With applications to MBA programs down globally, Dartmouth College’s Tuck School of Business saw applications for a seat in its newly entered class rise 7.5% to 2,744 this past year. The increase allowed Tuck to bring its acceptance rate to 18%, down from 20% a year earlier. The average GMAT for enrolled MBA students, moreover, edged up another two points to a record 718, from 716 last year.
So far, Tuck is the only top school to buck a trend of lower application volume to MBA programs around the world. Applications at Stanford dropped 8.9%, for example, while the Johnson School at Cornell saw an 8.0% fall. Harvard Business School was down 4%, while Wharton was down 5.7%.
Dawna Clarke, Tuck’s director of admissions, attributed the rise to, among other things, how well the school has performed in placing its students in jobs through the uncertain economy of the past few years. “I think it’s a reflection of how the school is doing,” said Clarke in an interview with Poets&Quants. “The job stats have been really good for a couple of years through the recession.”
In 2010, for example, Tuck had the best stats of any of the top schools in having the highest percentage of grads employed at graduation (80%) and three months later (93.3%). (See story “Best B-Schools for Getting a Job.”)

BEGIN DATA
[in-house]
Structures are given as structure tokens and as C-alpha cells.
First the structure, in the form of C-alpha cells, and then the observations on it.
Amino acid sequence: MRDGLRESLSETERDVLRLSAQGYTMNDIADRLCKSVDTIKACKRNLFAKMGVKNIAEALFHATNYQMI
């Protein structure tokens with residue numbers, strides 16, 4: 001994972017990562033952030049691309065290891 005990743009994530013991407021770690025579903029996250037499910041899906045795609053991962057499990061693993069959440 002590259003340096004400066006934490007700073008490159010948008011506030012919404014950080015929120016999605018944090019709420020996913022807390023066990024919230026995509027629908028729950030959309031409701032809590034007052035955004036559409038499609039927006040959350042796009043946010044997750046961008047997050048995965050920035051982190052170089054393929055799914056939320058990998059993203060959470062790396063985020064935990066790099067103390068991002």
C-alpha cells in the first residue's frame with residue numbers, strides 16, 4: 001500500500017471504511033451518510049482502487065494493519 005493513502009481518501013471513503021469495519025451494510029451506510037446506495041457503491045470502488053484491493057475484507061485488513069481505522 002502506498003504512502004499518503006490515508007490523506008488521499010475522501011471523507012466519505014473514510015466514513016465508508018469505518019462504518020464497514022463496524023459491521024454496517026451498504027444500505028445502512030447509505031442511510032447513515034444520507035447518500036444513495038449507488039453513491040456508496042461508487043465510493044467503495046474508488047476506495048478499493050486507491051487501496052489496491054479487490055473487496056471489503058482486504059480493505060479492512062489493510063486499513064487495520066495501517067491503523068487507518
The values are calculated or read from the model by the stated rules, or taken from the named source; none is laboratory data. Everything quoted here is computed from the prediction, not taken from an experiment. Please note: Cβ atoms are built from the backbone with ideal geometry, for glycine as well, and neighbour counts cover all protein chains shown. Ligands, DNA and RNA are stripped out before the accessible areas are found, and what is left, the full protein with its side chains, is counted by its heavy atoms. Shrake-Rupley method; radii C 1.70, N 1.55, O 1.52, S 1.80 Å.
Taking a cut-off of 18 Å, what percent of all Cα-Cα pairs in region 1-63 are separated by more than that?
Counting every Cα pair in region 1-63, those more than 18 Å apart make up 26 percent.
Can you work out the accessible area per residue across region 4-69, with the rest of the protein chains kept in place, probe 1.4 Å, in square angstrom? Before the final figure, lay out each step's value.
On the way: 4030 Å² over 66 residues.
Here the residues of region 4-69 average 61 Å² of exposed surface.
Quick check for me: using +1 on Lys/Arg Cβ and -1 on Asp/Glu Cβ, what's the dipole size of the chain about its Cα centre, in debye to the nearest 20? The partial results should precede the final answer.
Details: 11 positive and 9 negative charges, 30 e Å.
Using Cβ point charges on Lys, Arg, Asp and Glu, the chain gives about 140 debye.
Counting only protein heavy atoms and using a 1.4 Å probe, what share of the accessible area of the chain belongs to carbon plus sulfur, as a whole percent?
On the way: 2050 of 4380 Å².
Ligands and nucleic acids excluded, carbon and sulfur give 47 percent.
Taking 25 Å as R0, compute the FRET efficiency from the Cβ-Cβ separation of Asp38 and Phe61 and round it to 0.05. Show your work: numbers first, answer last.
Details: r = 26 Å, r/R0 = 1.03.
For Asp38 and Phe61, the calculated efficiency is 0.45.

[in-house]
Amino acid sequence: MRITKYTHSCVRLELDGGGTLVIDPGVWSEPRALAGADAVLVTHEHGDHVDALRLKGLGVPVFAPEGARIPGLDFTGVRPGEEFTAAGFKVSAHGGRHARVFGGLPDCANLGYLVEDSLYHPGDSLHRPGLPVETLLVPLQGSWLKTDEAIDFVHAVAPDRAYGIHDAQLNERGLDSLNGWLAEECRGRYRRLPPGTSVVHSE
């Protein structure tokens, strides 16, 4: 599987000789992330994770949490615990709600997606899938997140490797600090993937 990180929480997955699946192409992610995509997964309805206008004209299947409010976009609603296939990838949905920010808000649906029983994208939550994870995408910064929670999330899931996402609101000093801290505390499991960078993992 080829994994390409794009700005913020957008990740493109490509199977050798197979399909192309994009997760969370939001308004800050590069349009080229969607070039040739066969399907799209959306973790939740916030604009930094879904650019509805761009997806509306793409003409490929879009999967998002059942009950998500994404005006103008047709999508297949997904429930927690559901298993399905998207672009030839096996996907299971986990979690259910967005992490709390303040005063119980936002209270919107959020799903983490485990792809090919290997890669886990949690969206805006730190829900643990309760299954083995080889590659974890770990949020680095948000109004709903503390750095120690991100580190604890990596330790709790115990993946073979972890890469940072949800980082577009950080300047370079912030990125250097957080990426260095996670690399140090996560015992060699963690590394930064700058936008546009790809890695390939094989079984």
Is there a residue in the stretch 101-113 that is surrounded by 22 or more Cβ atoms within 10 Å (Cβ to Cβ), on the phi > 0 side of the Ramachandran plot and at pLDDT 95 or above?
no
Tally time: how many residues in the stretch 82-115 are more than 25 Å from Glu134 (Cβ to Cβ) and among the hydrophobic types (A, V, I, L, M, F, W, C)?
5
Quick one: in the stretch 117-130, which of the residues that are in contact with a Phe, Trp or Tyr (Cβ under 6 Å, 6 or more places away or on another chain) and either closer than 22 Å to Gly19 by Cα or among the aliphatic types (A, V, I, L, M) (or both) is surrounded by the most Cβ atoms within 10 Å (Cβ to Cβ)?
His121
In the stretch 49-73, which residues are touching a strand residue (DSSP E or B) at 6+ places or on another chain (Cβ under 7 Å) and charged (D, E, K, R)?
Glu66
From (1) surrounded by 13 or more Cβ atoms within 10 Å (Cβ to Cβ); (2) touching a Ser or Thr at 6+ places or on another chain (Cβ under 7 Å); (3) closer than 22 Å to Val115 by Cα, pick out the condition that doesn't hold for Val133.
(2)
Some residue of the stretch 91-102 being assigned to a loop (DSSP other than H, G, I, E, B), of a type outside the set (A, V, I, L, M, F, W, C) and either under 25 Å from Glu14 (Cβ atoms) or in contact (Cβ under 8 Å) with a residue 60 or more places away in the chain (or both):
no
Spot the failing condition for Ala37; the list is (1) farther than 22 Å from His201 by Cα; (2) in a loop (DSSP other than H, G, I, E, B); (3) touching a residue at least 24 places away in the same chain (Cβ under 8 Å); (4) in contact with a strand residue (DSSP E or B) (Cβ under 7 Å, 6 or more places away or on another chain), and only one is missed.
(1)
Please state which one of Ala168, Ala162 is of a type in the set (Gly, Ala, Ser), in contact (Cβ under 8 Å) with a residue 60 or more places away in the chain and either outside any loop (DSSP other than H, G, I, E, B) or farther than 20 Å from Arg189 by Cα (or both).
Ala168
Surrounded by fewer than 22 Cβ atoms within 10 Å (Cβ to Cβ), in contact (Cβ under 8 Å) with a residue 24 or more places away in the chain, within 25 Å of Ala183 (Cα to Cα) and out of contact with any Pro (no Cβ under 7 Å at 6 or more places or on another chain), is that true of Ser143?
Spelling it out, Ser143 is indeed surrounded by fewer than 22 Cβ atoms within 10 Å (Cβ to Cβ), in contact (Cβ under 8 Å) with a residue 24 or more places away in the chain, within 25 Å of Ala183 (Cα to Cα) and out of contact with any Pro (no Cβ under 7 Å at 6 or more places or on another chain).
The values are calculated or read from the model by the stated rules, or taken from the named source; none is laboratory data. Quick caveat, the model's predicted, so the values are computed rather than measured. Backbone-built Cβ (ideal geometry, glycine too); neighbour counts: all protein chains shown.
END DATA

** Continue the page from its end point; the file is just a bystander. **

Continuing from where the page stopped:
The latest stats for Tuck’s Class of 2011 reaffirm the school’s success in placing its MBAs. In a “state of the school” address this morning to faculty and staff, Dean Paul Danos said that starting pay for the class was up by 7% this year and 97% of Tuck graduates had job offers within three months of commencement. Some 34% of the students went into consulting, 28% to finance, and 38% took jobs in general management and other positions. The biggest hirers: McKinsey, Bain, Boston Consulting Group, Amazon, J.P. Morgan, and Samsung.
Danos also said that Tuck set a new record for participation by alumni in the school’s annual giving campaign, breaking over the 70% level for the first time–70.5%.
Clarke said the application increase, moreover, was felt for both domestic and international applications. Generally, schools that have reported declines say that most of the downturn is due to far fewer U.S. applicants.
She also attributed the increase to sending more personalized email to potential applicants, a new Tuck website, and more aggressive use of technology to better leverage Tuck’s alumni network.
The 270 enrolled students in the Class of 2013 had an average grade point average of 3.5 and an average age of 28, with a range of ages from 24 to 36. Some 32.5% of the entering class is female, while 34% are international. Clarke said a new record number of the admits are from Europe this year.
Twice as many people have already started their online applications at this point than did last year, added Clarke, though registration and attendance at admission events have been down. “So we’re bracing for a bit of a lag,” she said.